Is a well-done steak on a first date a dealbreaker? Sure is, say over half of allMarylanders.
In a recent survey of 2,000 respondents, 59% of respondents in The Old Line State claim they wouldn’t date someone who liked their steak prepared in a different way than they did (compared to a national average of 56%).
The survey also found 50% of respondentsjudgeeveryonefor their steak choices, not just potential romantic partners.
Others said(53%) they’ll eat whatever is put in front of them regardless of how it’s cooked
In fact, almost 2 in 3(62%)respondents insist on manning the grill themselves at barbecues and other friendly gatherings, as well as 2 in 3 (68%)men compared to 56%of all women.
Conducted by OnePoll on behalf ofJBS USA, the survey also found that 26%repurpose their leftovers into an entirely new dish, rather than putting in a sandwich (27%) or simply reheating it to eat as is (24%).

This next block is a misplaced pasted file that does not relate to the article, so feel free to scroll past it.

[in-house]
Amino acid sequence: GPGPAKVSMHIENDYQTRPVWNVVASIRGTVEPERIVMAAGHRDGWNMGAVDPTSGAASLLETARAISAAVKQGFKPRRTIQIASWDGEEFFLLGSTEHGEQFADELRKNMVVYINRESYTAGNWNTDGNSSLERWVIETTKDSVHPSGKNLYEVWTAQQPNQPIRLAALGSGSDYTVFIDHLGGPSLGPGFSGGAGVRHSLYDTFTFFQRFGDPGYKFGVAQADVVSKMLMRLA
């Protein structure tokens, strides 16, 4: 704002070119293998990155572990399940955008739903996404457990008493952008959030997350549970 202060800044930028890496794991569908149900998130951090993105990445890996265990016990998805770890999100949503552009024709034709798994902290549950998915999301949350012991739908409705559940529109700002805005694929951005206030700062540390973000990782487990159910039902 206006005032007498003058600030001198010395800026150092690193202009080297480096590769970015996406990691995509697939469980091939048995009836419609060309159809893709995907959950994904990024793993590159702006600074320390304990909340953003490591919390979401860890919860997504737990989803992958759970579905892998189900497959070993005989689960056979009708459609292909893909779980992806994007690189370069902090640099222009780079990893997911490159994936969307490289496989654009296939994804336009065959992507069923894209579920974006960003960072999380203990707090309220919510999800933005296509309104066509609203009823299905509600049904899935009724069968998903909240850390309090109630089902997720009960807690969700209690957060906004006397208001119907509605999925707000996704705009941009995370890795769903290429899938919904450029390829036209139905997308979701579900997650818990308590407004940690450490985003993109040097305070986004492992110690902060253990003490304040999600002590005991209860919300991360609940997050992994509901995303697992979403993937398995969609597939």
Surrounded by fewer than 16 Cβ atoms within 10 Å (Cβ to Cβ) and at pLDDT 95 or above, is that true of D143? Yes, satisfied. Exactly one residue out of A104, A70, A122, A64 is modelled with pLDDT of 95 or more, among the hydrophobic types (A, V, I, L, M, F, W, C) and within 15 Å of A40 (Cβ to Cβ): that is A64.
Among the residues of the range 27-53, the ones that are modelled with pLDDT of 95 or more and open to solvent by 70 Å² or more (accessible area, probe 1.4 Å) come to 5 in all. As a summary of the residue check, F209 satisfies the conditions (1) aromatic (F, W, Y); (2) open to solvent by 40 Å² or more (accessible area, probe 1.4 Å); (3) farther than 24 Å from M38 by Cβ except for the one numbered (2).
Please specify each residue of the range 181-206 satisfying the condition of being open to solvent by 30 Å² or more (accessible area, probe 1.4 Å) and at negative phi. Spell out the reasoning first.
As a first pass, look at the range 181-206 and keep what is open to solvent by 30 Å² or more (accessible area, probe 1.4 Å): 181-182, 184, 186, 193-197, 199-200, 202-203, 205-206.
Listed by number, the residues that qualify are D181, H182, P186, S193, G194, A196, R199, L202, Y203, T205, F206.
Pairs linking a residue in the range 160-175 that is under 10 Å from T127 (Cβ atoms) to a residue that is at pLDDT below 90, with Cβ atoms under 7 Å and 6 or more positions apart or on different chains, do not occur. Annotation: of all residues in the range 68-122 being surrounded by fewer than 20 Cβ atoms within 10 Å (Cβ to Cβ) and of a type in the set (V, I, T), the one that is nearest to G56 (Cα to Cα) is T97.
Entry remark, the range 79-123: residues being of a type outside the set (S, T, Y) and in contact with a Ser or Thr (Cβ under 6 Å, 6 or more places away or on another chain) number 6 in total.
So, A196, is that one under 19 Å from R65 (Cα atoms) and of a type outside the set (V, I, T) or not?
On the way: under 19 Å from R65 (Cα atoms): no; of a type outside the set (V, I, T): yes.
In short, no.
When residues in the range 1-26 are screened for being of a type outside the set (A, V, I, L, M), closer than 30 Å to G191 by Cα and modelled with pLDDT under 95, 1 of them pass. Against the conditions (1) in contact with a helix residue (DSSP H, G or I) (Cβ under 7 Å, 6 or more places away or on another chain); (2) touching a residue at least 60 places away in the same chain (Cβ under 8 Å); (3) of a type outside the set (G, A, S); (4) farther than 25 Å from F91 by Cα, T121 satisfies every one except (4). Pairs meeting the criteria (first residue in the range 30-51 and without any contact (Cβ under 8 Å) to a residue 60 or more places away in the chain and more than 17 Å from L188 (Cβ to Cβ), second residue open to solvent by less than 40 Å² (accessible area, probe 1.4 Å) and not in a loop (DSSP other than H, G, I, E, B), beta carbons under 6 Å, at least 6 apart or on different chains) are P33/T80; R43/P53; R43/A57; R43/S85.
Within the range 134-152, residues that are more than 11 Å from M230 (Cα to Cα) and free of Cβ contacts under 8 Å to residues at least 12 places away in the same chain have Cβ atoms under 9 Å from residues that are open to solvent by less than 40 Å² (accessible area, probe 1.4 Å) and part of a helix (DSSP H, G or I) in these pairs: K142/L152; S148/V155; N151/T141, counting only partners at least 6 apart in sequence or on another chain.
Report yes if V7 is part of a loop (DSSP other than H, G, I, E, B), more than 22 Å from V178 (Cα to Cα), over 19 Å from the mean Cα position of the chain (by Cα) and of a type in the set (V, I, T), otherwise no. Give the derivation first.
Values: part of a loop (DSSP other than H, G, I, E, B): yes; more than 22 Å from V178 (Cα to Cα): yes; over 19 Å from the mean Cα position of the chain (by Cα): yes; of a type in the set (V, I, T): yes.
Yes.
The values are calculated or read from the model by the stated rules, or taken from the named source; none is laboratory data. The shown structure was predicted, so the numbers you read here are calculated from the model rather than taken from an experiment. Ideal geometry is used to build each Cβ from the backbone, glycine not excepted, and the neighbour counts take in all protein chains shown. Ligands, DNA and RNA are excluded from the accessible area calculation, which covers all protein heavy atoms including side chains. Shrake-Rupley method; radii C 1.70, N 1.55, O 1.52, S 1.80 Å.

Respondents said that they eat steak five times per month on average, in fact they consume 12,88oz of it per month too!
The survey also revealed thatone out of five say they’ve never actually prepared one on their own before.
When asked to name their favorite type of cuisine, respondents most commonly cited Mexican, Italian, and Chinese.
But surprisingly, the panel’s favorite beef dishes in the country don’t come from any of those traditions.
Instead, the list was topped by a three-way tie between Korean Bulgogi (32%), Russian stroganoff (32%) and Philly Cheesesteaks (32%).
TOP 5 FAVORITE BEEF DISHES
- Bulgogi (32%)
- Beef stroganoff (32%)
- Cheesesteak (32%)
- Chicken-fried/country-fried steak (28%)
- Kebabs (23%)
TOP 5 STEAK SAUCES
- Barbecue (34%)
- Brown or compound butter (31%)
- Brown sauce (i.e., A1) (31%)
- Gravy (26%)
- Chimichurri (24%)
“While food can look very different across cultures, it is actually more universal than people realize,” said Trevlyn Trevino Carson, Marketing Manager at JBS Foods. “Dishes that are prepared and served in different ways all start with the same basic ingredients, from beef to veggies and even noodles. Each culture puts its own unique spin on these common ingredients.”